I wasn’t exactly chomping at the bit to see THE LAST EXORCISM. In fact, the promotional trailers and print ads had me saying, “I liked this better when it was called every other possession movie since 1973.” Early word turned out to be virtually vitriol free and eventually I softened. What better way to spend a late August afternoon than in a movie theater? Most of my trepidations were doused in holy water about three minutes into the film thanks to the introduction of the film’s central character, evangelical minister and part time exorcist Cotton Marcus (PATRICK FABIAN).
Syrupy Cotton is instantly convincing as the type to instill dedication and his conspiratorial wink toward the audience allows a type of intoxicating inclusion that’s hard to resist. FABIAN works the viewer the same way Cotton greases his flock. This is how the best cons operate by giving you the false sense that you alone are special enough for fraternization. Thankfully EXORCISM avoids the pitfalls of being one sided. Just as we are privy to Cotton’s smirky chicanery, we are additionally made well aware of his affirmative good-natured intentions. He may not believe in the snake oil he’s peddling but as long as his customers reap the placebo benefits, what’s the harm?
Pride cometh before the fall and surprise, surprise, Cotton must come to terms with the idea that unlike himself, his latest possessed patient Nell (marble-eyed tulip pedal ASHLEY BELL) may be on the up and up. If there’s a tug of war going on here between science and religion, I’ll take a pass at taking sides. My little pea brain only cares whether the supernatural is allowed room in our world any more.
When I wake up in the middle of the night the coat rack in my room frequently decides to transform itself into a monster. Eventually it turns back into a coat rack but I know for at least a moment it was planning on eating me. Don’t look for gore or elaborate special effects (or even the levitation shown in one of the misleading ads) in THE LAST EXORCISM, it’s modestly content turning coat racks into monsters and then back into coat racks over and over again. It plays on your anxiety that at some point the coat rack will become a monster and remain a monster, never to be a coat rack again.
One thing I didn’t worry my pretty little head about was the movie’s faux documentary approach. Gratefully it does not open with a title card proclaiming it was discovered under a rock, so I just accepted it as a fiction that utilizes reality elements to give you a front row seat feel. It’s kind of a waste of time to point out incongruities that prove it’s not real, of course it’s not real. If you for any reason, even remotely suspect that this movie is “real” than your proper response should be to leave the theater and go directly to a police station and report that you have just paid money to watch a cat being bludgeoned to death and that oh, by the way some people were murdered on camera too.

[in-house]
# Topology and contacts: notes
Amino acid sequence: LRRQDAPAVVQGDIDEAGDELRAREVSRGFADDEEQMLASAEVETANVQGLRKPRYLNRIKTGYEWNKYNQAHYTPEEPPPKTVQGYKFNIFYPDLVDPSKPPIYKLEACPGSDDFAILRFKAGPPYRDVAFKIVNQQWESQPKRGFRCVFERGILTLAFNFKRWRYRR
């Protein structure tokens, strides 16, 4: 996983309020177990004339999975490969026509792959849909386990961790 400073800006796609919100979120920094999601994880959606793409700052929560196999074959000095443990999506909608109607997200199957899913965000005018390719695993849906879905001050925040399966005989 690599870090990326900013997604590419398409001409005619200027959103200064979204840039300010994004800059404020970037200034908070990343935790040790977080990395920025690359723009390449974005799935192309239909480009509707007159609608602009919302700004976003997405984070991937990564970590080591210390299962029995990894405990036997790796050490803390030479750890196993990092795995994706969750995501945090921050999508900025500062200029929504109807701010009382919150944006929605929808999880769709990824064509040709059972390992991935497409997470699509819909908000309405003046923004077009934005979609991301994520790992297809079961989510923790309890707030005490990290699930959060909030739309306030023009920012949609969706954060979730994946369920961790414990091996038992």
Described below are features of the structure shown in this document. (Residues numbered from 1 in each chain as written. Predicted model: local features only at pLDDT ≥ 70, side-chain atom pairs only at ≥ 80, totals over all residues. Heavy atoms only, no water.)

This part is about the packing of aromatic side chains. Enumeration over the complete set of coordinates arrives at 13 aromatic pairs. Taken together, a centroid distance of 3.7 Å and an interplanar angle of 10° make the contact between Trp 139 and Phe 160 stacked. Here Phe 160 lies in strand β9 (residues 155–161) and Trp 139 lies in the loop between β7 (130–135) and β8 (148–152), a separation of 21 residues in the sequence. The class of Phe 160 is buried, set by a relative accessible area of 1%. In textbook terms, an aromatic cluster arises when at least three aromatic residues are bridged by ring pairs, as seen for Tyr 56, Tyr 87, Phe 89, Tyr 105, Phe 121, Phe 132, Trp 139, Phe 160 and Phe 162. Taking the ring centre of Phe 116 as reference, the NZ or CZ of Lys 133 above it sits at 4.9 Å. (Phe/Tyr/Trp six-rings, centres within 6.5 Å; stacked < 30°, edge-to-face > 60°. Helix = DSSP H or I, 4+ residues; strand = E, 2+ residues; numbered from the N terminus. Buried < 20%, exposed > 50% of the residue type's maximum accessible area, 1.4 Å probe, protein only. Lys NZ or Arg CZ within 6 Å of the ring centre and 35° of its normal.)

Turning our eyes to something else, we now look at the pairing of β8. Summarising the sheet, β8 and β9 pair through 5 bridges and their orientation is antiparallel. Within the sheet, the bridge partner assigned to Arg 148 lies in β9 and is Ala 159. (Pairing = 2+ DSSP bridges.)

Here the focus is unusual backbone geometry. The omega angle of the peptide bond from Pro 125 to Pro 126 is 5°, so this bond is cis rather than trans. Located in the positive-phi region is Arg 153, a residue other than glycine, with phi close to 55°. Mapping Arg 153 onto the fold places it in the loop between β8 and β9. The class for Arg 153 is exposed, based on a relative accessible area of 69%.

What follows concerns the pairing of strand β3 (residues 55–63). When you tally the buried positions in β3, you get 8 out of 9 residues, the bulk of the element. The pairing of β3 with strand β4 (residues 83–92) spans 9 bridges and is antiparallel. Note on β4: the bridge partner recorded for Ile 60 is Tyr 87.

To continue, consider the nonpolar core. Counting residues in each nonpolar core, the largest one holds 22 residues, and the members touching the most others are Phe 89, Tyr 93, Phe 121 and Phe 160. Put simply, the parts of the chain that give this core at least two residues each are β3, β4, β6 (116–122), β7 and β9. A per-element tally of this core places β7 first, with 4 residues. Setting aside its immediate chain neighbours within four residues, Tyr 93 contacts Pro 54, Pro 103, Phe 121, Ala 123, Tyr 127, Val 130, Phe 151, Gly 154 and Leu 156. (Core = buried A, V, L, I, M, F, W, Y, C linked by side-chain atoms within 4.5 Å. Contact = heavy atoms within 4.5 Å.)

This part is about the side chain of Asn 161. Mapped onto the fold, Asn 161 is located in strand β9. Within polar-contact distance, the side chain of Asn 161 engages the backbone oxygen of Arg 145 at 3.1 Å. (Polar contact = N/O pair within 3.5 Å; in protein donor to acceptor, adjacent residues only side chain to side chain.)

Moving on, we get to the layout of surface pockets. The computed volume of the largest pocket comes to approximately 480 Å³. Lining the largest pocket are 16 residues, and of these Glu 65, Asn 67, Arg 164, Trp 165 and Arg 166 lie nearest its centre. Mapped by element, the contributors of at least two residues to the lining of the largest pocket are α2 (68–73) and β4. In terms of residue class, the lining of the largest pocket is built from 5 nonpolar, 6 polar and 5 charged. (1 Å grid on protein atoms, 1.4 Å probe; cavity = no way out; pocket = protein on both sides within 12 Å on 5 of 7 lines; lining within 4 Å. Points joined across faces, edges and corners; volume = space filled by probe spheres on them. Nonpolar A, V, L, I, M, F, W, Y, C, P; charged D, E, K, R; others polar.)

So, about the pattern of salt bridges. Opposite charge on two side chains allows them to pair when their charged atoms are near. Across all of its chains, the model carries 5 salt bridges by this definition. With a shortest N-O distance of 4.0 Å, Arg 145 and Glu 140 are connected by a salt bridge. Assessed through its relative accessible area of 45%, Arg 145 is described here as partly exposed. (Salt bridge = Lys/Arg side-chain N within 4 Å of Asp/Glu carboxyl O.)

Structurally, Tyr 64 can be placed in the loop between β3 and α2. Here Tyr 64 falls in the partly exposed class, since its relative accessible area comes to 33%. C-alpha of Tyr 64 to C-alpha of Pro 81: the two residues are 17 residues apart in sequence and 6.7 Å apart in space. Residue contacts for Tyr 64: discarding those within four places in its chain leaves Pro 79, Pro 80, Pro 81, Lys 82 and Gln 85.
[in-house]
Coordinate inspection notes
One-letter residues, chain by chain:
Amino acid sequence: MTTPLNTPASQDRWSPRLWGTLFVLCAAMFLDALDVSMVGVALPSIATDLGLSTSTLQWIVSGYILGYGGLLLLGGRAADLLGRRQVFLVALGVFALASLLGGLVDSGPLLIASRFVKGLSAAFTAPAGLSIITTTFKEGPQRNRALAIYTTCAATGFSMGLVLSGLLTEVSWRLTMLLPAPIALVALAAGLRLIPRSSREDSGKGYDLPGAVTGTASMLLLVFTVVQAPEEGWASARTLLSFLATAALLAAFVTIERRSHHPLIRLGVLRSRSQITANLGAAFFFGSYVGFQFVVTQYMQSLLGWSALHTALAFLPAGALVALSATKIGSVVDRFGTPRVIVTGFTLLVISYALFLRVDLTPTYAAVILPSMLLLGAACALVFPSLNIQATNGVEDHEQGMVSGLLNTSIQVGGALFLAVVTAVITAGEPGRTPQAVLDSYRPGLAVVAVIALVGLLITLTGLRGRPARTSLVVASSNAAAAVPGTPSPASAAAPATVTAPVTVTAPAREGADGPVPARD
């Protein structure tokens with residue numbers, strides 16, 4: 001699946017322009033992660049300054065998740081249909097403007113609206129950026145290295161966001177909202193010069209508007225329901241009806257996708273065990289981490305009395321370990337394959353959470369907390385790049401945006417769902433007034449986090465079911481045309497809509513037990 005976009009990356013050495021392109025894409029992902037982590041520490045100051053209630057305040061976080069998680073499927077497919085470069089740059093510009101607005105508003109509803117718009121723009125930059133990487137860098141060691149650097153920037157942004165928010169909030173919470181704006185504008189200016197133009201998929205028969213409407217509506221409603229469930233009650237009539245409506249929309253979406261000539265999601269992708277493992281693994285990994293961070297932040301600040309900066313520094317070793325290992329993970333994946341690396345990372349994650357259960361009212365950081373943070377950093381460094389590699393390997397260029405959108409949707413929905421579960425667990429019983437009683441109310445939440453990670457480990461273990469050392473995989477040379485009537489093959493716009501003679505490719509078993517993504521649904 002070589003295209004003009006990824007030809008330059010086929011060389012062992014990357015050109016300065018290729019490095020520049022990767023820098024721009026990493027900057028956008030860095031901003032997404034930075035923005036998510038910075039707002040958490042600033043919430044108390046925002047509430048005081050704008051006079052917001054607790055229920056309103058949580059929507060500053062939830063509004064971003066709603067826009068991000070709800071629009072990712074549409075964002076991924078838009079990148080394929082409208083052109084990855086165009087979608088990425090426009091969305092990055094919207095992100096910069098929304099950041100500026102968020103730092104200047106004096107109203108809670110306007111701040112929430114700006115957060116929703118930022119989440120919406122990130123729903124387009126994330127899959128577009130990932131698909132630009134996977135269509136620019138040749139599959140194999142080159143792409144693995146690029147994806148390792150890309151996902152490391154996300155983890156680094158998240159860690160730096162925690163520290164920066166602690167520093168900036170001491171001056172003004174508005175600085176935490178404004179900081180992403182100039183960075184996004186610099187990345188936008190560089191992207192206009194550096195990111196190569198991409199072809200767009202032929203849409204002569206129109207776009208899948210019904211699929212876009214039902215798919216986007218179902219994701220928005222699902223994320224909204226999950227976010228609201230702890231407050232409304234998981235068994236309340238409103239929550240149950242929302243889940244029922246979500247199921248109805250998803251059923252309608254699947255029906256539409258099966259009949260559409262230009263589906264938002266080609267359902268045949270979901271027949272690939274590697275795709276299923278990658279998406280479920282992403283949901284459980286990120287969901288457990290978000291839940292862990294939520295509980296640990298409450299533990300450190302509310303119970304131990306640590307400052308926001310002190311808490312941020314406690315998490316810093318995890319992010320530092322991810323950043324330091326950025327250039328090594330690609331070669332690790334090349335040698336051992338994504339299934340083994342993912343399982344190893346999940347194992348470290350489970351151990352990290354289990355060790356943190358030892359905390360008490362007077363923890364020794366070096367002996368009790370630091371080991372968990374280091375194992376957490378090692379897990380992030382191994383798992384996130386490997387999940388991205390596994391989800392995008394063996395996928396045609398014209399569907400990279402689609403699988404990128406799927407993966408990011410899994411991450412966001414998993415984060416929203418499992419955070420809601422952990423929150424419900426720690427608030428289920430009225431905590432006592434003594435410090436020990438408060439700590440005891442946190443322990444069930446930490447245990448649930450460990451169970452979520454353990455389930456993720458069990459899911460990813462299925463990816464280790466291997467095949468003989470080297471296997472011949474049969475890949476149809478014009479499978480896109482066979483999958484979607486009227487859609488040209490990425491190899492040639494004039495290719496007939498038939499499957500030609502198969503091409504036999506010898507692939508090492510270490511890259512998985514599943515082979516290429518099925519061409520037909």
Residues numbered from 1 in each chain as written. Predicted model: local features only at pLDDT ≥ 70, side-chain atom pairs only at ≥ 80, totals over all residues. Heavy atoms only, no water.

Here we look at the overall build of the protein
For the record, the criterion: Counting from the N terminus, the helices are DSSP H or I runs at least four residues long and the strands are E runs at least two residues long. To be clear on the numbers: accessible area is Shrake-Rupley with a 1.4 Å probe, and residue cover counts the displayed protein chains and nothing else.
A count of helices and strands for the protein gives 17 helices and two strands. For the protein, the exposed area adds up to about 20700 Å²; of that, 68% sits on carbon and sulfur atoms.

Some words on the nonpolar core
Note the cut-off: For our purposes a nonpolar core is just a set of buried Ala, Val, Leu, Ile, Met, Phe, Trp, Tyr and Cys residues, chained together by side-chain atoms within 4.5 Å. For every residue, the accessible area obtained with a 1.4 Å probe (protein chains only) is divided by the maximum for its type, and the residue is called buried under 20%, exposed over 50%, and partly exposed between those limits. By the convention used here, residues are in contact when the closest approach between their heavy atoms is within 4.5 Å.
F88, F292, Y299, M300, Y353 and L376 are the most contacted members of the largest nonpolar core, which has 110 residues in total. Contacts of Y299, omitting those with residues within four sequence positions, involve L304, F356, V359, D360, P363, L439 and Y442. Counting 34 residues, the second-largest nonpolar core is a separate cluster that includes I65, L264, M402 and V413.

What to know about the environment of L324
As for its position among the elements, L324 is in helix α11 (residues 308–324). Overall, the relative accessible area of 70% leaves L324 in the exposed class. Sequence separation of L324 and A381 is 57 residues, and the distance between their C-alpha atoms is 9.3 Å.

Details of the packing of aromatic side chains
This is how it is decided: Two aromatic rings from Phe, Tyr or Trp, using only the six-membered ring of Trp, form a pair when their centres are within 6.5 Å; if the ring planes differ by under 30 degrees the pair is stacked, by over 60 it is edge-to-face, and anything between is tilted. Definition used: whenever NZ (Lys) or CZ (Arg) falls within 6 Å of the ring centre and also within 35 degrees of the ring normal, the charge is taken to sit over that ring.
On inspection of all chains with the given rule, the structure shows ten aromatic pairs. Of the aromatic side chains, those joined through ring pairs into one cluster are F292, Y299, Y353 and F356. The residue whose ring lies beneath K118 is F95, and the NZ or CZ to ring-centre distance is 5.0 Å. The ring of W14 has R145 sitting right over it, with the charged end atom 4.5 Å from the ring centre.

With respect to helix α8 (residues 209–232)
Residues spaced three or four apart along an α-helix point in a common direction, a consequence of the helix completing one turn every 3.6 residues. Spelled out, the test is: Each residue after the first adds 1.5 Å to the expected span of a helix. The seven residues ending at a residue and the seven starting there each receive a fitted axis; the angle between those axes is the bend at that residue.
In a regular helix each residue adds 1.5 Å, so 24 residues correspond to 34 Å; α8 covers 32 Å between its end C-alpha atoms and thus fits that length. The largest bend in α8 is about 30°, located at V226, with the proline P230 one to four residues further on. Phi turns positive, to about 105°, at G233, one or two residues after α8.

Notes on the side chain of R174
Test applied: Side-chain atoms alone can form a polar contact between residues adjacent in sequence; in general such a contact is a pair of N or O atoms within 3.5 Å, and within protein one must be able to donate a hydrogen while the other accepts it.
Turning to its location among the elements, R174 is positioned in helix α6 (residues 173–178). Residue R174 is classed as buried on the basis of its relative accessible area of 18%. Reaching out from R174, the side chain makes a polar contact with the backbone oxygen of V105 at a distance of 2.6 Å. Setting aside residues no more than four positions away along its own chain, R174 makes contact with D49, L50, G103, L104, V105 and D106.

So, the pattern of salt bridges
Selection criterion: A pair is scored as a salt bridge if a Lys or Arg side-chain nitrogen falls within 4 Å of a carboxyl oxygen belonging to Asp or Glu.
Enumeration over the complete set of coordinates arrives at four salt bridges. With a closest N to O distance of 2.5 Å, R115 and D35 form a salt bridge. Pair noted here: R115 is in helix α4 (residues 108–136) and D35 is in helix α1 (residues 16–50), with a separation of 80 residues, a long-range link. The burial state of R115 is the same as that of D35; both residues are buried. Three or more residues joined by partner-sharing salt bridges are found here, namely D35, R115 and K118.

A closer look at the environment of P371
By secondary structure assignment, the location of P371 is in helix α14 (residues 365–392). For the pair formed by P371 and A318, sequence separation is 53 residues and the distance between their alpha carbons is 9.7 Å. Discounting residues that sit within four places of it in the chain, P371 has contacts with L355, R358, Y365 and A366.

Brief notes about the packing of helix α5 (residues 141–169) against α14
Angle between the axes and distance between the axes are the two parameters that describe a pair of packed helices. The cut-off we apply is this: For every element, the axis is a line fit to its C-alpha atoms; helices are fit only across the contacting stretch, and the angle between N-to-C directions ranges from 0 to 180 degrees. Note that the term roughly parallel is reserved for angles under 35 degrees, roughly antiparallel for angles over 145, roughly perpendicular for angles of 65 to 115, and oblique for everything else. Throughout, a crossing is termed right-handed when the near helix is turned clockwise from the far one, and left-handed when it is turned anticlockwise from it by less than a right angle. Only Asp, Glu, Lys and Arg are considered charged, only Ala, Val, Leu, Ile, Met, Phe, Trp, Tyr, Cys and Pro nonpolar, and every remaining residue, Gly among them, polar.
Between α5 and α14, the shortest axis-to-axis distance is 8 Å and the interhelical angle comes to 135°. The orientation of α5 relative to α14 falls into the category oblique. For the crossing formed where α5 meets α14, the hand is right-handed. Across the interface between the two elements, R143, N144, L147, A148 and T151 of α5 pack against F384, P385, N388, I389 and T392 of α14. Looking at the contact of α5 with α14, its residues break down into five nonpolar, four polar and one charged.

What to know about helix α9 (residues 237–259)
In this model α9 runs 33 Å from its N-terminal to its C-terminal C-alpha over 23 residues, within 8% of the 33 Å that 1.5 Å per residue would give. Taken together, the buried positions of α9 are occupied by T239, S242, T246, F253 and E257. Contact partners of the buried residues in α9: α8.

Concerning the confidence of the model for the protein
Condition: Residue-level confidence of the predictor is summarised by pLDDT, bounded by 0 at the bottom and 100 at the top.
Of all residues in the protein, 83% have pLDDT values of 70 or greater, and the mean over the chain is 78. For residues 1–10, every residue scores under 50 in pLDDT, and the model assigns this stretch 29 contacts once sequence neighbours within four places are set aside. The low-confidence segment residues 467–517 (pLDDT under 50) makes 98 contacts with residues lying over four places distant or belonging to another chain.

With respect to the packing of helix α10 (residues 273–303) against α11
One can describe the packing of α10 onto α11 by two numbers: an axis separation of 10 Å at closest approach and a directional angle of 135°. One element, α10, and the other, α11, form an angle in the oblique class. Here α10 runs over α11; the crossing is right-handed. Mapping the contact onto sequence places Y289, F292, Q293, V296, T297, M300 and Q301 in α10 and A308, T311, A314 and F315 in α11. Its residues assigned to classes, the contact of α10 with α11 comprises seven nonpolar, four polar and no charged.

While we’re on the subject of the whole faux-reality thing I should add that I really appreciated this film’s use of its Louisiana backdrop and its overall look. It’s nice to know that someone understands that a pseudo-doc approach doesn’t have to mean a completely artless production that looks like it was directed by a chimp. Can I also say that I must be getting old because it didn’t occur to me ‘till much later that T.L.E. was PG-13? I guess there comes a time when you stop wishing for each movie to out do the last in the blood and spectacle department and just start hoping for a story and characters that don’t bore you to death. Please don’t ever remind me that I said that.
The film’s finale has as many adversaries as advocates. Because I have a well-documented contempt for all audience members who aren’t me, I of course loved it. I kind of respect a film that just says, “You know what? Now THIS is happening, deal with it,” and isn’t afraid to stomp on toes. Sure it’s cartoon magpie crazy and throws a slushie in the face of the film’s hard-earned ambiguous tight rope act but it’s giddily mischievous too. The last image of reverend Cotton we are left with (foreshadowed in a nifty drawing of Nell’s) is a strong one. It’s a sharp reminder that the film took the time to present us with multilayered characters with inner lives rather than one-toned playing pieces on a snakes and ladders board.
I’m all for supporting every horror movie that comes down the pike and especially ones as thoughtful as this one, but I can’t honestly urge you to rush right out and throw your money down. I know it’s very bad of me but I can’t help thinking I would have enjoyed THE LAST EXORCISM even more if I watched it late at night at home by myself in the shadow of my coat rack.